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Verdicts & Settlements

Minnesota Catholic Diocese to Pay $34m to Victims of Clergy Abuse

— July 2, 2019

The Diocese of New Ulm will pay $34 million to at least 93 victims of clergy abuse.

A Minnesota diocese has agreed to pay $34 million to dozens of people who claim to have been abused by Catholic priests and volunteers.

Attorney Jeff Anderson, representing many of the 93 alleged victims, said the settlement includes $8 million directly from the diocese and its umbrella parishes. The remainder of the money will be put up by the church’s insurance carriers.

According to the Associated Press, the agreement—while finalized by plaintiffs’ attorneys and the Diocese of New Ulm—must still be approved by a bankruptcy court. If approved, abuse victims will take a vote on whether they support the award. Claims will later be gauged and weighed to determine how much money each survivor will receive.

Anderson, adds the A.P., credits the plaintiffs with advancing the children protection movement and ensuring that predators won’t victimize another generation.

“This is a big day for the survivors,” Anderson said in a statement.

During its bankruptcy protection proceedings, the Diocese of New Ulm agreed to release the names of priests ‘credibly’ accused of abuse. Image via Pixabay/user:Senlay. Public domain.

New Ulm’s bishop, John LeVoir, said the church’s decision to back the settlement suggests a commitment to making survivors whole while continuing to minister in southern and central Minnesota.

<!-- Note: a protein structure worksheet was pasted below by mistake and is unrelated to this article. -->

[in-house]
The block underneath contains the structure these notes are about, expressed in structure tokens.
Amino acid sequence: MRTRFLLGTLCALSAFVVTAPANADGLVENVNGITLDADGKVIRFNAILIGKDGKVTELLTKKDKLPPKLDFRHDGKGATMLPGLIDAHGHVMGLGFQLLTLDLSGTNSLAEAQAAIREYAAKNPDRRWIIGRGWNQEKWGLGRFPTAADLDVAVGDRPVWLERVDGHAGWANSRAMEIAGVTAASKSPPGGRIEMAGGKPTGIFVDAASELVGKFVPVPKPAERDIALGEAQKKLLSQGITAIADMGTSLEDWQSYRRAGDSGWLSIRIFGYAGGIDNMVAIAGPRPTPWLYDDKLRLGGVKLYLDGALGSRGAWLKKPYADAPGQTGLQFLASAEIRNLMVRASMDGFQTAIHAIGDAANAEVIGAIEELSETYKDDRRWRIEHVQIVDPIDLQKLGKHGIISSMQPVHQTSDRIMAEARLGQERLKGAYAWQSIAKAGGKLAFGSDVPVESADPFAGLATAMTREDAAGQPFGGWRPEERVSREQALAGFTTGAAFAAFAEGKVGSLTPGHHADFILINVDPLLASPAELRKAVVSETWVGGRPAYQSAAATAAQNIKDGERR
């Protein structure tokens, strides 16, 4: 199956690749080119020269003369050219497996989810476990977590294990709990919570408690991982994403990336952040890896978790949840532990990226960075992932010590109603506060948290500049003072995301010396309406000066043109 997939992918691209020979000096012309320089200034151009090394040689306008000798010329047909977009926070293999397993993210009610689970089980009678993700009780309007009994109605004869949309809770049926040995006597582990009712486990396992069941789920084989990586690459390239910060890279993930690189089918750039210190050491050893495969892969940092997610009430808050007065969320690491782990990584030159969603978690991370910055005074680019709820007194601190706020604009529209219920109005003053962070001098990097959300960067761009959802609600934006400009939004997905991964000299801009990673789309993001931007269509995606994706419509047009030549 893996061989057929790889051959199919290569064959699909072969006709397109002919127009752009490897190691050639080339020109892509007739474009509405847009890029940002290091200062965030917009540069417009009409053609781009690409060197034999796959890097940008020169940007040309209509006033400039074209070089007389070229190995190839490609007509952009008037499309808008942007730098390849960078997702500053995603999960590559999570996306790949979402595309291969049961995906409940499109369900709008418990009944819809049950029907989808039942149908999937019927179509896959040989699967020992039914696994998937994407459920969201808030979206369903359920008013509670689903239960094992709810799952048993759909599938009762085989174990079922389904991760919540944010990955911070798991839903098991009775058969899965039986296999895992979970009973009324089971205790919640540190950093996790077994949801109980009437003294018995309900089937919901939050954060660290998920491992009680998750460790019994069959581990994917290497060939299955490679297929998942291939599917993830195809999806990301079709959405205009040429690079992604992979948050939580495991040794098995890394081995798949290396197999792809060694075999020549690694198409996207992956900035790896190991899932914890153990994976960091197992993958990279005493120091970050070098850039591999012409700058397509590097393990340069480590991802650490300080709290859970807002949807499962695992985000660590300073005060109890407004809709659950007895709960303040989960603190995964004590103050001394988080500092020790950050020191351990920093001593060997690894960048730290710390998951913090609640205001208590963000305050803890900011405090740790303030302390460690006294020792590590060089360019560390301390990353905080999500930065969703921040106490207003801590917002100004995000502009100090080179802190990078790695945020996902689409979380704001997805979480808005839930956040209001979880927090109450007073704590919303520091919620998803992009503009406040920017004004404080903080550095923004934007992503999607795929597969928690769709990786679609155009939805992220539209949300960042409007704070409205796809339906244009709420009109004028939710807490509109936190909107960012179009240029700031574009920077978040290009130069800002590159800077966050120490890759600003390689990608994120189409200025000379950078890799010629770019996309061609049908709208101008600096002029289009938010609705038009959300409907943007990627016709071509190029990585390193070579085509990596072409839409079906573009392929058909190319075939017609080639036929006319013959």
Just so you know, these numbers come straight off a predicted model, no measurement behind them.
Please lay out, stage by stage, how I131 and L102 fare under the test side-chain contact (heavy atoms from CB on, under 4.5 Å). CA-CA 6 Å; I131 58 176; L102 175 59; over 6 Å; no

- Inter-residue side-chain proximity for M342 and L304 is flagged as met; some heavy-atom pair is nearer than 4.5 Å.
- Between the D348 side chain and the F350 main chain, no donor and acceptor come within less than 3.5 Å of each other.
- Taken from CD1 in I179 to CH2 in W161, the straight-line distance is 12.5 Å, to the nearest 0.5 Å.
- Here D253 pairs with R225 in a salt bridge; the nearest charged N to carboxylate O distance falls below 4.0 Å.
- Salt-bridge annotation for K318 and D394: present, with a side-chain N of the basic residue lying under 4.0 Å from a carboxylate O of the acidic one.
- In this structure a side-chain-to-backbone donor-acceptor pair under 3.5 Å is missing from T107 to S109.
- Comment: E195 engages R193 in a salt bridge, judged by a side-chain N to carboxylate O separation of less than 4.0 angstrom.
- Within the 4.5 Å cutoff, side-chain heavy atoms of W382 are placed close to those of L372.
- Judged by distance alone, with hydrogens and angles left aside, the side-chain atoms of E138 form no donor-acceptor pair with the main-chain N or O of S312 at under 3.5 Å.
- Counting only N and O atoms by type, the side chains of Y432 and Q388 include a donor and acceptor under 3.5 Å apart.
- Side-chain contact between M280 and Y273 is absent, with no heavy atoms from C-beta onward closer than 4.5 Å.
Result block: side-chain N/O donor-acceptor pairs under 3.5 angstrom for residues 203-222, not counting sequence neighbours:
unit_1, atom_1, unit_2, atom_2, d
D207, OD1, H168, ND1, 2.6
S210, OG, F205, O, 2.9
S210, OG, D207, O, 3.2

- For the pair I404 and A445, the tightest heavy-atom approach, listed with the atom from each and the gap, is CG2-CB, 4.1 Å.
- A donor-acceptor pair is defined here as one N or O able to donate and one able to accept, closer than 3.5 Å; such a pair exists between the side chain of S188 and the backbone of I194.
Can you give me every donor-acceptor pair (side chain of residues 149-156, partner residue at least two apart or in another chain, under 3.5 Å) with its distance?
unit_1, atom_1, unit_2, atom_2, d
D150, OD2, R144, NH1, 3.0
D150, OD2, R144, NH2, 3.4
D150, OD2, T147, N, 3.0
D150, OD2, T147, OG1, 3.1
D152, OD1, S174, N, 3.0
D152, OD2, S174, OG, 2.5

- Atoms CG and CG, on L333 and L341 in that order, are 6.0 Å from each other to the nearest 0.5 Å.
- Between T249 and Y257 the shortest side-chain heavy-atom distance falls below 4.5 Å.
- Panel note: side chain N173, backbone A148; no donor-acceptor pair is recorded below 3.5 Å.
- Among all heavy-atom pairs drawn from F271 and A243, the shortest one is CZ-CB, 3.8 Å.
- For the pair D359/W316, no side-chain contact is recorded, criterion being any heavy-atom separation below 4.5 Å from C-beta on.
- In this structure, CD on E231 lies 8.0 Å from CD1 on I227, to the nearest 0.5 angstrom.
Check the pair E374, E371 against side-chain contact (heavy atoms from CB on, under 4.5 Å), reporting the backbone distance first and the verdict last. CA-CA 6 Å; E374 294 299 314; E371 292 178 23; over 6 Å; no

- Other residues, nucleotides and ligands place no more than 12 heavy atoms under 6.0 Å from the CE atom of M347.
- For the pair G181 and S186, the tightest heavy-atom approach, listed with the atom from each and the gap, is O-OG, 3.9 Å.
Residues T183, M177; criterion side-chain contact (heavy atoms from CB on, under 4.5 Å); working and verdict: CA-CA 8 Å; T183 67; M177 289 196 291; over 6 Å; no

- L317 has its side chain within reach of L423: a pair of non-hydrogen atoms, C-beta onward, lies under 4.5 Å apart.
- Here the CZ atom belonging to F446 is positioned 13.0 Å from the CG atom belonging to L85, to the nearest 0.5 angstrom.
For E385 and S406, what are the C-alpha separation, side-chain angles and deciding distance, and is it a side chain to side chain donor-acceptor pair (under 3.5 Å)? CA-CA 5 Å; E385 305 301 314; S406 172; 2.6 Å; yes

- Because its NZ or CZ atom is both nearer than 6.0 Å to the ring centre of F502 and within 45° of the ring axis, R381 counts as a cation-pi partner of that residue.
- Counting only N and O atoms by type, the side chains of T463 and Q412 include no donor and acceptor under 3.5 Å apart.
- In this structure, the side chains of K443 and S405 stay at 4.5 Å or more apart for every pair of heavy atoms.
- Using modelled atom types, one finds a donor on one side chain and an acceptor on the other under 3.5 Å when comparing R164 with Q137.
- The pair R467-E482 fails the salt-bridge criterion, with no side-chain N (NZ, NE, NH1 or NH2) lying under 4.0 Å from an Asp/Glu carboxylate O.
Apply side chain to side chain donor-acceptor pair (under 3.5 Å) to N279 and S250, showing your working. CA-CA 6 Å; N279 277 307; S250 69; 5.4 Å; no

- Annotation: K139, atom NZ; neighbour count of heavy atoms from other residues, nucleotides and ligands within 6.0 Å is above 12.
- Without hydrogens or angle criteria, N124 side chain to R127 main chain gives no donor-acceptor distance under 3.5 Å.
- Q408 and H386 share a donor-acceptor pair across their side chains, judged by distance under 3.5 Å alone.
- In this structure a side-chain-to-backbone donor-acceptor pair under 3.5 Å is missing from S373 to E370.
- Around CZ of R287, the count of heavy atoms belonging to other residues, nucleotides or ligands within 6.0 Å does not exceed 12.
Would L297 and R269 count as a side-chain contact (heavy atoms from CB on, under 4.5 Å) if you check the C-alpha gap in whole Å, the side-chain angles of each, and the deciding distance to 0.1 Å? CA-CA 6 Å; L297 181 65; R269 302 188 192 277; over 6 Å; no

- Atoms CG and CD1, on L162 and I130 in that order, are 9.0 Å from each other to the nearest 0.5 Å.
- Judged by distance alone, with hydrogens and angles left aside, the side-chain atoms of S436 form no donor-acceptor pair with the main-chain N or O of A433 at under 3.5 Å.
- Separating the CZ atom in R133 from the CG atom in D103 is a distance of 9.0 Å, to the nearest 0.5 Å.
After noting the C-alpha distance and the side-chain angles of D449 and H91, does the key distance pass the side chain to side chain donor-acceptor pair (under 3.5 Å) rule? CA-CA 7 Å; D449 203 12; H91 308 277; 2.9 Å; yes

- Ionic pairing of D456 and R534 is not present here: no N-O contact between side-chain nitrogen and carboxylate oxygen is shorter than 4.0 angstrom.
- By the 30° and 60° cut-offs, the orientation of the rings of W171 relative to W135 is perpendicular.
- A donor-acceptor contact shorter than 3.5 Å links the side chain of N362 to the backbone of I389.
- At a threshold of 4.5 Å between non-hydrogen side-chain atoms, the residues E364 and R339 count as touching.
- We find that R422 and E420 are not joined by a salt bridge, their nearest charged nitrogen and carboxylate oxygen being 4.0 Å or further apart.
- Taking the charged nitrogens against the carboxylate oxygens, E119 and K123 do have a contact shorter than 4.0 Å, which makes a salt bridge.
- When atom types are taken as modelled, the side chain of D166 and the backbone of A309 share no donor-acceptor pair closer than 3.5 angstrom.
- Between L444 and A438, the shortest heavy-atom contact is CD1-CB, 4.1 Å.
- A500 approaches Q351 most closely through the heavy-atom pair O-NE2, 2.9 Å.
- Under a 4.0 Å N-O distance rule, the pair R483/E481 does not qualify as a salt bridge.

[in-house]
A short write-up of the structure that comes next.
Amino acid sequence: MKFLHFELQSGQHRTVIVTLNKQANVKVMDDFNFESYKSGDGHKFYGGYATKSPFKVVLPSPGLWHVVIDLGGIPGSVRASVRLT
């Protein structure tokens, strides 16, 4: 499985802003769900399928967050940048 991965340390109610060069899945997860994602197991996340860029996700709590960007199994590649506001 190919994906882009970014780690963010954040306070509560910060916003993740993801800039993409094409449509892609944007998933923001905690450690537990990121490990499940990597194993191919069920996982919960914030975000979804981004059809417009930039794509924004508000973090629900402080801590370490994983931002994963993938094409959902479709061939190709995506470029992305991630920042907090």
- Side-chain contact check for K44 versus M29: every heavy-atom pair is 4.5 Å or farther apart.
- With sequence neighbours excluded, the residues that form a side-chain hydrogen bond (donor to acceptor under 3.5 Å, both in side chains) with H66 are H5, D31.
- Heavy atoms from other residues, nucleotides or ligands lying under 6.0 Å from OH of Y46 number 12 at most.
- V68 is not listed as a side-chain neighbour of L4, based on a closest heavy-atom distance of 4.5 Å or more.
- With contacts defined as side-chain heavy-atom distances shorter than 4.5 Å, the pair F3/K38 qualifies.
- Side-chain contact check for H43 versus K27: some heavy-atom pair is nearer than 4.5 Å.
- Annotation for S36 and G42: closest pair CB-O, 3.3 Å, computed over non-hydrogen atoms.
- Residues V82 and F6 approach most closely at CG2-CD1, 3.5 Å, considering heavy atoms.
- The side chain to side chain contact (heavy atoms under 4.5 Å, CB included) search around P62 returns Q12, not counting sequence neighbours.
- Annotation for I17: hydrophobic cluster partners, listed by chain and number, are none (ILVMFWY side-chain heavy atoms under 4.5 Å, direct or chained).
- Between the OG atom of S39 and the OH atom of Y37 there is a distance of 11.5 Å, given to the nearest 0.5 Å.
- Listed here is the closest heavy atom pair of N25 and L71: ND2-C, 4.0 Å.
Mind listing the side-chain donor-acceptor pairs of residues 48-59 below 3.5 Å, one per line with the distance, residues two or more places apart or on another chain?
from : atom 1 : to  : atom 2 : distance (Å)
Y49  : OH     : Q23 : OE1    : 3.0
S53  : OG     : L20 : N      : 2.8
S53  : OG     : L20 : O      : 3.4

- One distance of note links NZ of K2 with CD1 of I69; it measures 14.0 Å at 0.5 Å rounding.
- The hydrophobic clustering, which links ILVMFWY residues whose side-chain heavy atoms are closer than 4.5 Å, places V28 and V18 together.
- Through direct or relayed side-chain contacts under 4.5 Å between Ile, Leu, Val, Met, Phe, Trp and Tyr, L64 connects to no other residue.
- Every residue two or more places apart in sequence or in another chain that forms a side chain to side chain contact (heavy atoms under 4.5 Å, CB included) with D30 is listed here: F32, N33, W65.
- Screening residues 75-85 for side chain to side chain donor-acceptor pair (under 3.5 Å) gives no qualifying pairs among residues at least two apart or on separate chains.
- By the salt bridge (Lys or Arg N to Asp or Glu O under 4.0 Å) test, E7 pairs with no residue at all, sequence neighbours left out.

“I hope and pray that today’s settlement helps victims and survivors on their healing journey,” LeVoir said.

In his own statement, Bishop LeVoir also praised survivors for their courage and apologized for the diocese’s past inaction.

“I am deeply grateful for victims and survivors who courageously came forward to raise awareness about clergy sexual abuse and to work to assure others will not have to suffer the wounds they sustained and the pain they endured,” LeVoir said. “Victims and survivors are owed just compensation for the harm they have suffered by those they entrusted in serving them.

“Their coming forward to share their stories and seek justice from the church that failed them took great courage,” he continued. “I again apologize to them on behalf of the church.”

The Diocese of New Ulm, notes the Associated Press, is among several Roman Catholic dioceses in Minnesota that have filed for bankruptcy following abuse allegations. The Archdiocese of St. Paul and Minneapolis recently ‘emerged’ from bankruptcy, following a $210 million settlement and a series of pay-outs to other abuse victims.

New Ulm made its own move toward bankruptcy in 2017. As part of its protection proceedings, the diocese agreed to release the names of priests who’d been ‘credibly’ accused of child sex abuse.

LeVoir noted that much of New Ulm’s pay-out was funded by Catholic church-goers themselves.

“The settlement is funded through insurance coverage, cash and property contribution from all parishes within the diocese. Cash and property contribution toward the settlement is only possible because of the generosity of local Catholics,” he said. “I am grateful to those parishes that contributed even though they were not facing claims themselves. Parish leaders did this because they recognized reaching a fair settlement for those harmed was important and necessary.”


Minnesota diocese reaches $34M settlement with abuse victims

Statement by Bishop John M. LeVoir announcing settlement plan

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